The Ambassador in Poland Reports on Reaction
of Government and Press to Events in Danzig
(July 6, 1939)
P. 24 WARSAW, July 6, 1939
Pol. V 6351 Received July 7.
Subject: The Polish attitude to events in Danzig.
The events in Danzig have been interpreted here as
a sign that Germany is determined to solve the Danzig question by force
if need be. The requested meetings between the President and the advisers
on matters of foreign and military policy, the presence in Warsaw of
the London Ambassador, Raczynski, and the visits of the British Charge
d'Affaires to the Foreign Minister show that a lively exchange of views
is going on between the allies. I learn that Government quarters here
are inclined to the views that what is taking place in Danzig is predominantly
in the nature of a demonstration. But there are also agitators who take
the view that Poland's rights have already now been clearly violated
and that a counter action is necessary. It is, of course, fully realized
here that any counter action would mean war. Up to the present, however,
there is no reason to suppose that the more moderate elements will not
keep the upper hand. From every aspect it would, in fact, be to the
disadvantage of the Polish Government to adopt aggressive tactics in
the face of a situation which is not yet fully clear. Whether in such
a case French and British aid would be available, and whether public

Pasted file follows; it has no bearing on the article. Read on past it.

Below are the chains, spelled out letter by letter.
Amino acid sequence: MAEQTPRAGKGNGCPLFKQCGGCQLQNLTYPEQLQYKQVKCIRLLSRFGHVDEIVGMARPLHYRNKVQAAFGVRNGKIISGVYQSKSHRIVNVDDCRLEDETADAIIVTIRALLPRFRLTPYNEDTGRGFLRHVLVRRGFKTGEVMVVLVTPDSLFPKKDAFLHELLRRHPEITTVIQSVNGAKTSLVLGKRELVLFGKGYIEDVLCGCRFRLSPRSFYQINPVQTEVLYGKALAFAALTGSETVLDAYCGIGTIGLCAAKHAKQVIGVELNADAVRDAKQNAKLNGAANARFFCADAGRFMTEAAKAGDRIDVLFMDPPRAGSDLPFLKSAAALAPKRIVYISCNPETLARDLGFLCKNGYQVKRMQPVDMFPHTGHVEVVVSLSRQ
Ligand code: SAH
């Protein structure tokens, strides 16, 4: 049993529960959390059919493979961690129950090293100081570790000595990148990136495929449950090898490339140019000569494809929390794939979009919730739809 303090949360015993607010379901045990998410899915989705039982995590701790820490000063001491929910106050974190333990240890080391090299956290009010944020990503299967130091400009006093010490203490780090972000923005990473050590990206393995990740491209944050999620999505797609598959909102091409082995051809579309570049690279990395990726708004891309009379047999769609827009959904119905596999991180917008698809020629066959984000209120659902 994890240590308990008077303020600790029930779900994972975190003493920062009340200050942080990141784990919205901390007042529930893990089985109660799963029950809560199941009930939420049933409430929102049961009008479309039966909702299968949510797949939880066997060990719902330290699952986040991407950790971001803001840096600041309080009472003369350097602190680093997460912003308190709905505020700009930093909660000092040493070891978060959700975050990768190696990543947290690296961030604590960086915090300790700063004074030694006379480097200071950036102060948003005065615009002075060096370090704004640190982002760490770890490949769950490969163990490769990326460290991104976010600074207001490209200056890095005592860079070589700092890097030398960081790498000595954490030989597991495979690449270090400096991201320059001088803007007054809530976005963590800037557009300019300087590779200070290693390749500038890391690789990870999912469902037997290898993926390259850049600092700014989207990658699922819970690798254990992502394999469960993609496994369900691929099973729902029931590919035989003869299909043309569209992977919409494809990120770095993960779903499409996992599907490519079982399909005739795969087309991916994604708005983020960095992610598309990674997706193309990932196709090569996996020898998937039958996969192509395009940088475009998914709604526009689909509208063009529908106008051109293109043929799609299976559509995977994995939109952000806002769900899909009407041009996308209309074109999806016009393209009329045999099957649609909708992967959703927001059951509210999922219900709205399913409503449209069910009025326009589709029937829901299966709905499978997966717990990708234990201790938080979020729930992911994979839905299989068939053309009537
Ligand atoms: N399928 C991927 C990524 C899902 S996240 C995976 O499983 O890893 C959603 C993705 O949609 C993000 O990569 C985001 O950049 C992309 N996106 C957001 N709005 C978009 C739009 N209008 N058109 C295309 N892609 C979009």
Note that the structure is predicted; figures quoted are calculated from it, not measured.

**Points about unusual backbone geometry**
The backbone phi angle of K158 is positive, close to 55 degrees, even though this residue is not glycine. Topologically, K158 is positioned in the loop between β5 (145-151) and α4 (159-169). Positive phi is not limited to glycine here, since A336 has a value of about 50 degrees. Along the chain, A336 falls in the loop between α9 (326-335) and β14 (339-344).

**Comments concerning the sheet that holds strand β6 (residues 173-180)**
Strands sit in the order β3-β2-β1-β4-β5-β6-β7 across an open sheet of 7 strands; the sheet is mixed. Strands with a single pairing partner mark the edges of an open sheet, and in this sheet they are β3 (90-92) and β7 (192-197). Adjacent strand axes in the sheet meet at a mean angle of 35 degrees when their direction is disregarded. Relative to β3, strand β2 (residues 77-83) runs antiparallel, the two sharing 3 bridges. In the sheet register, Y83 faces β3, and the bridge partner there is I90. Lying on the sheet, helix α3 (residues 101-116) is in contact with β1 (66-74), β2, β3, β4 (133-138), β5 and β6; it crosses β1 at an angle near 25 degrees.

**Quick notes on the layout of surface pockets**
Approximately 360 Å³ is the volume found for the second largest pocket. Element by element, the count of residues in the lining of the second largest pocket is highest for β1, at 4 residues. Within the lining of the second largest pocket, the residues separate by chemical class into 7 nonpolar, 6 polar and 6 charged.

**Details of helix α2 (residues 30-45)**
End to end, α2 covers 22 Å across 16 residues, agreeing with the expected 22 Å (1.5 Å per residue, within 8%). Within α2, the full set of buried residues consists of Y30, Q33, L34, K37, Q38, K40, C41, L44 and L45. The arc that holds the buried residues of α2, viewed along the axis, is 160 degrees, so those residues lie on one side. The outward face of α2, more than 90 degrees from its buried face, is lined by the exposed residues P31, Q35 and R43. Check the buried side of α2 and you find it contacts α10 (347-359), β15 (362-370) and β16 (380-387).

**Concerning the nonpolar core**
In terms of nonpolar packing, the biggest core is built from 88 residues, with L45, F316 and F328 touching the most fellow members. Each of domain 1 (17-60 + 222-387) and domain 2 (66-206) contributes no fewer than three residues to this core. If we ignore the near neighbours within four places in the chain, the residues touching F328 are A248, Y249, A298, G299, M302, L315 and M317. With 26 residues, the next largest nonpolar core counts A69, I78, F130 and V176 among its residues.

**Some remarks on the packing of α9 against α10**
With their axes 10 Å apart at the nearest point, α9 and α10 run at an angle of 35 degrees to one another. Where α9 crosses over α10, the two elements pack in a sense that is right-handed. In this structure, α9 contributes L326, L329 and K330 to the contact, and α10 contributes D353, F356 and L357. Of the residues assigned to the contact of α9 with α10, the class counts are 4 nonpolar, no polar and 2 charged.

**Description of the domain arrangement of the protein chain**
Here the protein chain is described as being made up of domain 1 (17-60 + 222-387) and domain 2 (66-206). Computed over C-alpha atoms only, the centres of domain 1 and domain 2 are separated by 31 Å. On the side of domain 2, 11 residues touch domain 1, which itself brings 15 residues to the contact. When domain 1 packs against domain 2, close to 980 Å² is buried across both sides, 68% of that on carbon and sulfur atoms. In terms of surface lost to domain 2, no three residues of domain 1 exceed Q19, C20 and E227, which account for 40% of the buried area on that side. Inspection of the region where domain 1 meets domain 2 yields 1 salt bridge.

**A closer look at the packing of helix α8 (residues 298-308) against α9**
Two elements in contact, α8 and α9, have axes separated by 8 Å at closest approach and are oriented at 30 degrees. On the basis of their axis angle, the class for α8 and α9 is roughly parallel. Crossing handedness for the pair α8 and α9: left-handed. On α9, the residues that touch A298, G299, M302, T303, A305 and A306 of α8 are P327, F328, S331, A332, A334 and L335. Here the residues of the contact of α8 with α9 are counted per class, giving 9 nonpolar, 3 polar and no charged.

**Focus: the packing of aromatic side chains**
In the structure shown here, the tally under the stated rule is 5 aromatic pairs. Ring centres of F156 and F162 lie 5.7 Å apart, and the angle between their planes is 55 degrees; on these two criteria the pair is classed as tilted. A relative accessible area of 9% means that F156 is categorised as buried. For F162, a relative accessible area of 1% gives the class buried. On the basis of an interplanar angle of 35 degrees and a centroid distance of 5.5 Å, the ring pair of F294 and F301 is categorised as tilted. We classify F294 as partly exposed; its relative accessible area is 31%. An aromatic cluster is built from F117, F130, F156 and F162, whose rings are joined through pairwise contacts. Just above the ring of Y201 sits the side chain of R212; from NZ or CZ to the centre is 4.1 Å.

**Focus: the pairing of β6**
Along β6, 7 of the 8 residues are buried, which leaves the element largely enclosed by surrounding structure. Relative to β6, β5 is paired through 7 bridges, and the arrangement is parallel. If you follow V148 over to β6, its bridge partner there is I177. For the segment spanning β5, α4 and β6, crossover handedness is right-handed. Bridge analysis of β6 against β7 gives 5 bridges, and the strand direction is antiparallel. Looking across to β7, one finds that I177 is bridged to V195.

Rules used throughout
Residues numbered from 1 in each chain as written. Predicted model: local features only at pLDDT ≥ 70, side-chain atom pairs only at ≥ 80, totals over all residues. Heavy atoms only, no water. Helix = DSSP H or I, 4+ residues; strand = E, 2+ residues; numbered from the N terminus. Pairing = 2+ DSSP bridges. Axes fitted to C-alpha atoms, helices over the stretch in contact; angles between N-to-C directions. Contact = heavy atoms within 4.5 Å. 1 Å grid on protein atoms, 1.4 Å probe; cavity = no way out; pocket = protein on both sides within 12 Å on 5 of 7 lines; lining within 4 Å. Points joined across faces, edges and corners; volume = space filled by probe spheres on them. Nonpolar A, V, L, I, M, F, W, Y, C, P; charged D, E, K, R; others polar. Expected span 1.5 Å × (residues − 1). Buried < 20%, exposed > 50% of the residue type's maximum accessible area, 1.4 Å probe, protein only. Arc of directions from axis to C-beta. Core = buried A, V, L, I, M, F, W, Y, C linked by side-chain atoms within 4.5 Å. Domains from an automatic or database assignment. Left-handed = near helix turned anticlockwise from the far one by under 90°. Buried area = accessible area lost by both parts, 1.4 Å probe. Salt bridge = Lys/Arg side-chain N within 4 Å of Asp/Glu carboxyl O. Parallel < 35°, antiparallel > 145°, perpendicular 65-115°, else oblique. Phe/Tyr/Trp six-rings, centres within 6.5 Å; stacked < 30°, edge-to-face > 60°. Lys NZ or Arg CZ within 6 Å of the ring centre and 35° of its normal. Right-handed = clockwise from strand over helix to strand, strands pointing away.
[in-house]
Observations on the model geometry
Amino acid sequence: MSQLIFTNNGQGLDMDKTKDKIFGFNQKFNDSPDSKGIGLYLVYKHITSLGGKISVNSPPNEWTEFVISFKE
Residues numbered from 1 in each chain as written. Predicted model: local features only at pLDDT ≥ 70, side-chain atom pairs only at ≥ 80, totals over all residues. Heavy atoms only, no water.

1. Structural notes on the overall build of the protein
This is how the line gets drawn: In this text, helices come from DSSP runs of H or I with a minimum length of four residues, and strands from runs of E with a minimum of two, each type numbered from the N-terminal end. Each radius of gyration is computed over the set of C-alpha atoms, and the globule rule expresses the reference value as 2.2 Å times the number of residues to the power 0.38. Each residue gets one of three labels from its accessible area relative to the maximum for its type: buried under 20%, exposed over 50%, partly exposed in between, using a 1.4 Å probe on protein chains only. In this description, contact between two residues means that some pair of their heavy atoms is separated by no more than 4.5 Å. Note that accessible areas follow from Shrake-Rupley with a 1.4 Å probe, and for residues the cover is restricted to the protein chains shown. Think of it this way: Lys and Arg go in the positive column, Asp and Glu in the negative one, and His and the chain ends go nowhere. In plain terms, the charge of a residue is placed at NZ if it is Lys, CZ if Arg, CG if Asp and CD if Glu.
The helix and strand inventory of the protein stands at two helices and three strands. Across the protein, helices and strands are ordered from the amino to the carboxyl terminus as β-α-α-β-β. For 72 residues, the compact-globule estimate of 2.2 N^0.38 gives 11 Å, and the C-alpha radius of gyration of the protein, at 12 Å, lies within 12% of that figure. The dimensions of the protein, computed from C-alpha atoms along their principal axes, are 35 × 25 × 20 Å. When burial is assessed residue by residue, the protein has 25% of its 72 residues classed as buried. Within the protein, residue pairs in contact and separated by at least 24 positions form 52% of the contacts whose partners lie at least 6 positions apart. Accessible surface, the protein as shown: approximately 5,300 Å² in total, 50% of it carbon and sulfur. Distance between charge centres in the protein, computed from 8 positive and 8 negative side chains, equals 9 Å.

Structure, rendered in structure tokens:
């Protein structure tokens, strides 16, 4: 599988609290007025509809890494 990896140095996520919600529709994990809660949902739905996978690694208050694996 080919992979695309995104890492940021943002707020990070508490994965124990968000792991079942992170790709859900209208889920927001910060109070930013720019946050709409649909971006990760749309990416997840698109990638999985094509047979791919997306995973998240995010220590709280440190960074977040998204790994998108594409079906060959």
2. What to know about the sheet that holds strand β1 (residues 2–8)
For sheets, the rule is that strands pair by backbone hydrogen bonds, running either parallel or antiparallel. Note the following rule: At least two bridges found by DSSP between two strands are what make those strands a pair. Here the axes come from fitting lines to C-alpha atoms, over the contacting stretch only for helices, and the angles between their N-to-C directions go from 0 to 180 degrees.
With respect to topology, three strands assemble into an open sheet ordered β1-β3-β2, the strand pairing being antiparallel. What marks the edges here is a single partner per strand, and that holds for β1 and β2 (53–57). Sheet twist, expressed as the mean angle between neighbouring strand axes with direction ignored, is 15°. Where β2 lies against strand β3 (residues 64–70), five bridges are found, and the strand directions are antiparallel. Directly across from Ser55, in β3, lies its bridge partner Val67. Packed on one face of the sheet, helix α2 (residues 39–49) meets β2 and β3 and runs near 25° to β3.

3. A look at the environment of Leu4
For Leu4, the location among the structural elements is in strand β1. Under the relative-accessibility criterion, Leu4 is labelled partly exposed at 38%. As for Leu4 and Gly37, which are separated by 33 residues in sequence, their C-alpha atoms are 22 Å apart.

opinion in the democratic countries could then be roused to the desired
degree may be doubtful.
How great is the nervousness of the public here, is
shown by the paradoxical effect produced by the publication of our Note
on the forthcoming visit of the cruiser Koenigsberg. It might have been
expected that the announcement of the visit of a German warship - and
that in August, the month clouded with prophecies of war - would arouse
fresh unrest. Instead, this announcement made through the regular channels,
quite obviously resulted in a relaxation of tension, because it was
regarded as proof of Germany's still abiding by the Danzig Statute.
It would be wrong, however, to regard this nervousness as tantamount
to fear. There is hardly any doubt that in the present excited state
of the whole country a clear violation of Poland's rights in Danzig
would not be tolerated. The determination to fight is general. In this
connection reliance on the Allies and their repeated assurances probably
plays a large part. Though the Poles fear that they cannot hold out
more than a few months with their own army, there is complete confidence
in the final victory of the encirclement Powers. There are even large
groups who would welcome war now since, in their opinion, the favourable
circumstance that Britain is prepared to take up arms in defence of
the status quo in Danzig, may perhaps not recur so soon. As things are
today, any Government will be compelled to take this warlike mood into
However, the impression gained, particularly from
the events of the last few days, is that the carte blanche given to
the Polish Government is not, after all, as unlimited as at first appeared
from the Anglo-Polish Agreement. It would seem from various indications
that Britain has obviously safeguarded herself against being involved
in a war against her will by obtaining from Poland an undertaking to
consult her. This, on the other hand, also means a safeguard for Poland
against being left without help at the crucial moment as well as a kind
of brake on rash actions which, in view of the Polish character, can
certainly not be ruled out altogether.
Source: "Documents on German Foreign Policy,"
Series D, Vol.VI, p. 864.
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